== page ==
Why play is key to developing independent learning in the early years

Many people are sceptical of the benefits of play, but one teacher argues that it is the best way to ensure that children are learners for life

Tim Barber

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Many people in education take rather a pessimistic view of a heavy play-based approach to teaching and learning in early years. But I strongly believe that children learn best when they are actively engaged in their play.

Play is an essential part of every child’s development. It is our job as skilled early years practitioners to facilitate learning by manipulating and supporting play to ensure learning is irresistible. If we model and scaffold effectively, there’s no need to put them in a box and spoonfeed them an education.

Walking into our vibrant early years Reception unit, where play is used as the main vehicle for learning, things may seem a tad chaotic to the untrained eye. But if you look closer, you will see that the indoor and outdoor learning environment has been planned to a high standard and to develop children’s independence skills. Continuous provision has been organised in a way that enables children to carry on learning in the absence of an adult. Resources within each area of the provision are well organised and are age and stage appropriate, which enables children to make choices. The environment is ever changing and supports pupils to develop the skills that they need.

Themed writing area

Take, for example, the writing area.

At the very beginning of the academic year, when the children first come into Reception, practitioners lay large pieces of plain paper on the floor. Children self-select from a carefully chosen range of stimulating and attractive mark-making tools, which are clearly labelled and well organised into different sizes and colours. Children draw and experiment with early mark-making independently, with support from adults only if it is required. By lying on their stomachs, children are able to develop core stability. Tummy time builds upper body strength, which is something that is required before the child is able to hold a pencil correctly.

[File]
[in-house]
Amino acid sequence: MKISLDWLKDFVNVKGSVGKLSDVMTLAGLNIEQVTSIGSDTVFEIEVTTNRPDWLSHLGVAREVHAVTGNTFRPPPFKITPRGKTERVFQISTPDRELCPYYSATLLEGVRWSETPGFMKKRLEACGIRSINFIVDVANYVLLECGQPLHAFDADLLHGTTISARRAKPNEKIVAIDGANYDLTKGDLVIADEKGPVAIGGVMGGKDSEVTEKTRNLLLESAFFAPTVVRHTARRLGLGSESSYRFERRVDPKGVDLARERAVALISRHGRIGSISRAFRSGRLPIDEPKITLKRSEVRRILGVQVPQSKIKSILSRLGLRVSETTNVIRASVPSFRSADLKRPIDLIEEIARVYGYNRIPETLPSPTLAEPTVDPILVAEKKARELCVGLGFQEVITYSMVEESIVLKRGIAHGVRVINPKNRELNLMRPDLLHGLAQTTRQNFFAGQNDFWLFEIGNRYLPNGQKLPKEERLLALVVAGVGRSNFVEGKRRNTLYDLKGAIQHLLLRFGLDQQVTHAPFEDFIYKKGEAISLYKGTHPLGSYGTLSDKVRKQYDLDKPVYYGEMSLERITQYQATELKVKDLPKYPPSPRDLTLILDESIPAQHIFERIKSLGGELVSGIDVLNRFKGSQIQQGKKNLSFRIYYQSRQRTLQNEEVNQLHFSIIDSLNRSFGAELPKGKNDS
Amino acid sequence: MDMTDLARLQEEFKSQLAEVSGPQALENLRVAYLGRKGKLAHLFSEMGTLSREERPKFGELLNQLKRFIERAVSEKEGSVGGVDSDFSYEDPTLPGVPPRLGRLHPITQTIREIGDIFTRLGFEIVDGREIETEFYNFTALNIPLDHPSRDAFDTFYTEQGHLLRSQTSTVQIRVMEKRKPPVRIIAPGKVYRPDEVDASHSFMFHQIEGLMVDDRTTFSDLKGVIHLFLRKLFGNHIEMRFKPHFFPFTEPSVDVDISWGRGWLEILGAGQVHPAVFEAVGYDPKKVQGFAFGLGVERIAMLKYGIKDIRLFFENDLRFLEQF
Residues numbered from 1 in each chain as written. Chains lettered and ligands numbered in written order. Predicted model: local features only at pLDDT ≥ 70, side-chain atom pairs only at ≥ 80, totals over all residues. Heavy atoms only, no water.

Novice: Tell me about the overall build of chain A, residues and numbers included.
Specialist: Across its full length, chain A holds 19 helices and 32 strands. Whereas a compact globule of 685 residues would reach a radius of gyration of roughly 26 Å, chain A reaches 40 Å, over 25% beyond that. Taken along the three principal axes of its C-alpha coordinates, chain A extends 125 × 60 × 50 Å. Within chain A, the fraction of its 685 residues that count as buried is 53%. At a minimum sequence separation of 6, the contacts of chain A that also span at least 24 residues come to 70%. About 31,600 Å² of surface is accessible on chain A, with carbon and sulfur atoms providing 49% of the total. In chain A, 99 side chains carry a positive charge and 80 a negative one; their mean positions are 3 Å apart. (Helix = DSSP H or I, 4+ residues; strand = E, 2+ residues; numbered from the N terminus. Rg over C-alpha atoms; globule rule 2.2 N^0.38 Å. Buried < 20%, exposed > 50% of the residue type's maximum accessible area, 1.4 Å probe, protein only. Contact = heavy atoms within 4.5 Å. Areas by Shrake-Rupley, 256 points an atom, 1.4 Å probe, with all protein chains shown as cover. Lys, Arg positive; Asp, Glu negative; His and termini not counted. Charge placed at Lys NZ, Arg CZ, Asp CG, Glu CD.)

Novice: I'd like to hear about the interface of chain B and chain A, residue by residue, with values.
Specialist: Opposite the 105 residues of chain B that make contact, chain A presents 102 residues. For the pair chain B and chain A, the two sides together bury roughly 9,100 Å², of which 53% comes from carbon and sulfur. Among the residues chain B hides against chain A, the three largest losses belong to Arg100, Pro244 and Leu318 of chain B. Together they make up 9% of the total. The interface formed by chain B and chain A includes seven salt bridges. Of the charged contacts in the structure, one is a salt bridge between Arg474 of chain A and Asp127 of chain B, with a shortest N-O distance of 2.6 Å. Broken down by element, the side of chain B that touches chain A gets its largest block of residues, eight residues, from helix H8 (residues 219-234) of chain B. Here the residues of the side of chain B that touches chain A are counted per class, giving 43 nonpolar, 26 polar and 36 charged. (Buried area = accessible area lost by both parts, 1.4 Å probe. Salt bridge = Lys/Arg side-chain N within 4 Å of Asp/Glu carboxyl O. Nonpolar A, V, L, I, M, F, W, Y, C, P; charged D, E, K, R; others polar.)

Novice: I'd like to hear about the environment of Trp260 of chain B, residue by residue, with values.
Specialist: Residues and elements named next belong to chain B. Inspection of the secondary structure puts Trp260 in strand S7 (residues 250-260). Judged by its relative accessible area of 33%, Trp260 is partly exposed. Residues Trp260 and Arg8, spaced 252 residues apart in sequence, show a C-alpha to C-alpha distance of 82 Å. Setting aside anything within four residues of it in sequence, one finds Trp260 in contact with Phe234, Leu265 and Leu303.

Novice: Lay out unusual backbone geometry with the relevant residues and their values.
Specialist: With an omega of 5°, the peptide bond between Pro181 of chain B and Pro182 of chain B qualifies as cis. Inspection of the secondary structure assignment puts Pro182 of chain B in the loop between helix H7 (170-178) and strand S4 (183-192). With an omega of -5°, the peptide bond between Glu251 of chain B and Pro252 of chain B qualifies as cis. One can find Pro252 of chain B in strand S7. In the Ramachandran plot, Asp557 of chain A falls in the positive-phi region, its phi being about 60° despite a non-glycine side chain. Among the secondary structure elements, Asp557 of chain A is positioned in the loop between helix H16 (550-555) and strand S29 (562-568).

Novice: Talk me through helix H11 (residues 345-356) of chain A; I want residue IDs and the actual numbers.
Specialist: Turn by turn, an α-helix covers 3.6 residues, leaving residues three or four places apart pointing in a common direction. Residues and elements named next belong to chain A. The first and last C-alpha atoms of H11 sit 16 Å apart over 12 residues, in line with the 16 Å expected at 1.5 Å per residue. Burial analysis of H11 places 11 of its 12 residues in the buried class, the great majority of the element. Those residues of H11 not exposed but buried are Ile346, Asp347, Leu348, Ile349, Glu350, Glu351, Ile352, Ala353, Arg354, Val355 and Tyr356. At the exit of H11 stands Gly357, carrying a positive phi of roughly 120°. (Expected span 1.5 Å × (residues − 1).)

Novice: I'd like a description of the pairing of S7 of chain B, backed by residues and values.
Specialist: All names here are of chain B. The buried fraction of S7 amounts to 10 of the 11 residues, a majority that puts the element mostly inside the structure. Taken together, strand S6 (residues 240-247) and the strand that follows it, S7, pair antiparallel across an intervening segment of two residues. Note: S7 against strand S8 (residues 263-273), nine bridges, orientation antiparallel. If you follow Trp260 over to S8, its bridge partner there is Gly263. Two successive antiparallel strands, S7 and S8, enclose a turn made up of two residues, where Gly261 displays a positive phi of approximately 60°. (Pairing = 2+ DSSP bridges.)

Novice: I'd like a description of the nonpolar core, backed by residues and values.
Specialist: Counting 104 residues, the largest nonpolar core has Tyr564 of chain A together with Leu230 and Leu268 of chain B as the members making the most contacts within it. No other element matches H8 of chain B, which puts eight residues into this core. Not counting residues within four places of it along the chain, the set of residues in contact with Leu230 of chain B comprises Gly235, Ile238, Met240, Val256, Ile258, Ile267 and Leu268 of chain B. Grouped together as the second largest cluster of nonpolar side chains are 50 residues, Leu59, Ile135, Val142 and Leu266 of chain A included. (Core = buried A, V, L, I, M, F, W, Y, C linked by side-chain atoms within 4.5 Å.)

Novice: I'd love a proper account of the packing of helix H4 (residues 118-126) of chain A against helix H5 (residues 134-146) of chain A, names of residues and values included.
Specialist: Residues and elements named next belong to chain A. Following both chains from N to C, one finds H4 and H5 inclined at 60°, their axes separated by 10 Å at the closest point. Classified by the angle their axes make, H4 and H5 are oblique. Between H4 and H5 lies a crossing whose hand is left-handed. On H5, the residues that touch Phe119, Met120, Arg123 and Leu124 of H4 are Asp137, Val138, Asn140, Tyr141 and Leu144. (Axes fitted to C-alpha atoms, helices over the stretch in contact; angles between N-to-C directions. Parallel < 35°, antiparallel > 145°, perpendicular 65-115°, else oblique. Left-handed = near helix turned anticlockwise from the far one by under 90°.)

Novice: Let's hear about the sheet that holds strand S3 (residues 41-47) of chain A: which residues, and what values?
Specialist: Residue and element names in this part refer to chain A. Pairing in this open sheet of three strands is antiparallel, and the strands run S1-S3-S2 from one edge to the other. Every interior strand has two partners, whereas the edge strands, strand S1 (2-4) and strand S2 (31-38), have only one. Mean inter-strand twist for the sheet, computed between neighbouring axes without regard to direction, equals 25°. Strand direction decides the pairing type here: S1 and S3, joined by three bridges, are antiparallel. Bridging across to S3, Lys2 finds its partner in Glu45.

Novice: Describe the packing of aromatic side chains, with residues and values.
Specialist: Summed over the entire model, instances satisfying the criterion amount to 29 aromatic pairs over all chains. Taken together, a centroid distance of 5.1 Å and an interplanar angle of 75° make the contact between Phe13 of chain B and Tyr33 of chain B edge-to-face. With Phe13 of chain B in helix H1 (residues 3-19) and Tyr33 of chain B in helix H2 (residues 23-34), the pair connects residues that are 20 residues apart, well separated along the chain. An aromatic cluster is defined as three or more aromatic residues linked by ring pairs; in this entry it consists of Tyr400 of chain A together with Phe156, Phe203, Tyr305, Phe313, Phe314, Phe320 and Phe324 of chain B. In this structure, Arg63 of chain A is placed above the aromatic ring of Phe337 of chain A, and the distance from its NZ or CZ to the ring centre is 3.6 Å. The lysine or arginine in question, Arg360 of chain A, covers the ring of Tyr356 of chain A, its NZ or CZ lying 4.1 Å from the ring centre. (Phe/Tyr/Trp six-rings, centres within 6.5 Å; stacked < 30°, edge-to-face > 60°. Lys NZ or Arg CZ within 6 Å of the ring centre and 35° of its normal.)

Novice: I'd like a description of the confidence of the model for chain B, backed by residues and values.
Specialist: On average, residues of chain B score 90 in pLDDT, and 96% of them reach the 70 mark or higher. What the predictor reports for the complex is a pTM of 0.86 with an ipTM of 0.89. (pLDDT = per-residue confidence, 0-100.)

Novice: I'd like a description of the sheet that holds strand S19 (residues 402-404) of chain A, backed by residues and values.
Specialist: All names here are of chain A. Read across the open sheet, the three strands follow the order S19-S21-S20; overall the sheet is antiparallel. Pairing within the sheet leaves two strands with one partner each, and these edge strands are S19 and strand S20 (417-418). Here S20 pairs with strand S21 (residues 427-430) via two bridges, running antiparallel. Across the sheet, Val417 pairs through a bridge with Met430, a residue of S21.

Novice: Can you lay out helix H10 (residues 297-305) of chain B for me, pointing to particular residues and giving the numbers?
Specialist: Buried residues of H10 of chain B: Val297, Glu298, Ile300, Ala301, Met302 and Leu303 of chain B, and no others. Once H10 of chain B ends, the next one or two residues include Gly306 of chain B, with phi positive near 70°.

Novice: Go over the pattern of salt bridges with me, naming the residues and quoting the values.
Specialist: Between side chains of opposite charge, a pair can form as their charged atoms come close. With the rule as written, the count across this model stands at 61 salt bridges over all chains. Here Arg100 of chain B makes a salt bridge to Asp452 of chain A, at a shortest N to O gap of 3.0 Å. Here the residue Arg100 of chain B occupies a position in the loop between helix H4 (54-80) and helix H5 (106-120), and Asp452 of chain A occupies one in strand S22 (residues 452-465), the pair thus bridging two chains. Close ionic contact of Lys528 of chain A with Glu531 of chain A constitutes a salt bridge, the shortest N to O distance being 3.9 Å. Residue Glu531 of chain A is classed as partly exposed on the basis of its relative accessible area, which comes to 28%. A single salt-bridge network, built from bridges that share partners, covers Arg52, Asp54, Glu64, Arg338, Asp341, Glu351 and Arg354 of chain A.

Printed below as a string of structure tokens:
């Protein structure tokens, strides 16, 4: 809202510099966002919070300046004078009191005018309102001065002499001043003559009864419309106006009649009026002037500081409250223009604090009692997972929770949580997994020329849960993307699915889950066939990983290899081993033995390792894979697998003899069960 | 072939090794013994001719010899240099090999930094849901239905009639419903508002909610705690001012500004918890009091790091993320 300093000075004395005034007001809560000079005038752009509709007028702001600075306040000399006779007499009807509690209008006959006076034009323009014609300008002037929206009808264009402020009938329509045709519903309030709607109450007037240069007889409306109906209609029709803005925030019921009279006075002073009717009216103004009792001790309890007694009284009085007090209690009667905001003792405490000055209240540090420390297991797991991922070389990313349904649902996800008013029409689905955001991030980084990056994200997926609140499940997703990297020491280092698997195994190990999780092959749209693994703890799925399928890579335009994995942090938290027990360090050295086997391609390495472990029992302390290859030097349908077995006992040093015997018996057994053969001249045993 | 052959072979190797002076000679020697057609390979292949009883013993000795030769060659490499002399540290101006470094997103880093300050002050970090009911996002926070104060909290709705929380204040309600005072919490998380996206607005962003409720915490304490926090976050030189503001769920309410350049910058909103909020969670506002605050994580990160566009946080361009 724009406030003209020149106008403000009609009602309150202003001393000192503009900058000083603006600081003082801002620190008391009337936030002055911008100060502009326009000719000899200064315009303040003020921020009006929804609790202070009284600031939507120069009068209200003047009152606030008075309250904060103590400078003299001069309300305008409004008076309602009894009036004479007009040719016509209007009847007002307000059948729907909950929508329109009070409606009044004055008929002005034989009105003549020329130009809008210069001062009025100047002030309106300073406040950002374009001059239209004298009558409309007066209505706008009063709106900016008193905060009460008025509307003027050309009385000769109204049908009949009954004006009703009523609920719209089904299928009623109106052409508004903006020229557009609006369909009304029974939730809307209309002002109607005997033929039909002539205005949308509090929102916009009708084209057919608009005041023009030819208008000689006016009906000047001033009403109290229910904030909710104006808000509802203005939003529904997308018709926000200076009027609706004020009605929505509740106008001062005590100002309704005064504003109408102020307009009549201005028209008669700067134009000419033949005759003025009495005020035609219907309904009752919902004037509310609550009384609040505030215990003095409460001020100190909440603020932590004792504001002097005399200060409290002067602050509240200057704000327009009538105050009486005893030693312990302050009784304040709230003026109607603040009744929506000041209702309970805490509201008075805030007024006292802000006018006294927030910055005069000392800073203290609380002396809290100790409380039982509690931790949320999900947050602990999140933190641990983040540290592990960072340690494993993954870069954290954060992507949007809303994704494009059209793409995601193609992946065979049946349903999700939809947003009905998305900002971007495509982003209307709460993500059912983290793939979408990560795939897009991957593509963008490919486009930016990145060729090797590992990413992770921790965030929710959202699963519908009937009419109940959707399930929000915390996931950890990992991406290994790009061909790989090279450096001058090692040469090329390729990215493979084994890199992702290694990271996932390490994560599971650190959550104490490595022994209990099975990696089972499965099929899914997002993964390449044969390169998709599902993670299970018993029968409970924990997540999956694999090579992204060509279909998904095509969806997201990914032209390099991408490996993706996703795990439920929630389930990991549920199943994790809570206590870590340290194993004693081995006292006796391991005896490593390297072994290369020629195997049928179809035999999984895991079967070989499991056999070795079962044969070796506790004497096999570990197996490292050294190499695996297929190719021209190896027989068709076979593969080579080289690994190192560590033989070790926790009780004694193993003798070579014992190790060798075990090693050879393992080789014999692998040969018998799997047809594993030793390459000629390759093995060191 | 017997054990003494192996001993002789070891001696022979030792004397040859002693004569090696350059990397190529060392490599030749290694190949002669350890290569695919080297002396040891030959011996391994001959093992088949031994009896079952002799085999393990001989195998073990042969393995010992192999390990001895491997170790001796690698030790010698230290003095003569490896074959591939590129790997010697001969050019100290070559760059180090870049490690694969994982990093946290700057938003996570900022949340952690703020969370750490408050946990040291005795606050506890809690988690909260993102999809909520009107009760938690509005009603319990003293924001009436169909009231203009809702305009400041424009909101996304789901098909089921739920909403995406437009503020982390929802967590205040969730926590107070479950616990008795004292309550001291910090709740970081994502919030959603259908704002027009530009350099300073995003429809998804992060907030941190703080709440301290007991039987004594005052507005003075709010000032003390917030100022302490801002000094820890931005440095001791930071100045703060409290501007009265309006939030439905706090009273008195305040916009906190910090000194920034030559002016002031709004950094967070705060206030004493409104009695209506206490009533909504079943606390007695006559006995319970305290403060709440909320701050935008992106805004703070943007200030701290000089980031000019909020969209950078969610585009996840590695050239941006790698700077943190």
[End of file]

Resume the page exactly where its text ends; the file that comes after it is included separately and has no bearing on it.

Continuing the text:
Further into the year, as children develop their phonological awareness, tables, clipboards and writing tubes are introduced in the writing area. Children are offered a wider range of stationery, which is often dressed in their interests. Dressing a pencil box with a Spiderman theme often encourages young boys to access the writing area independently and write for a purpose.

Healthy balance

So what are teachers and early years foundation stage (EYFS) practitioners actually doing while children are engaged with their play? Contrary to popular belief, there is no time for us to sit back and drink cups of tea while the children have a lovely time.

Achieving superb outcomes at the end of EYFS is largely managed by the facilitation of a healthy balance of both adult-led and child-initiated learning.

Teachers achieve high-level engagement within adult-led activities by taking the time to deliver them in a playful manner.

There is absolutely no doubt that your average five-year-old prefers to learn phonics on the push bikes outdoors, rather than being stuck on the carpet of terror indoors.

Tim Barber is assistant headteacher at St Thomas More’s Catholic Primary School and Preschool, and leading foundation stage practitioner at Hampshire County Council

This is an edited article from the 17 June edition of TES. This week's TES magazine is available in all good newsagents. To download the digital edition, Android users can click here and iOS users can click here

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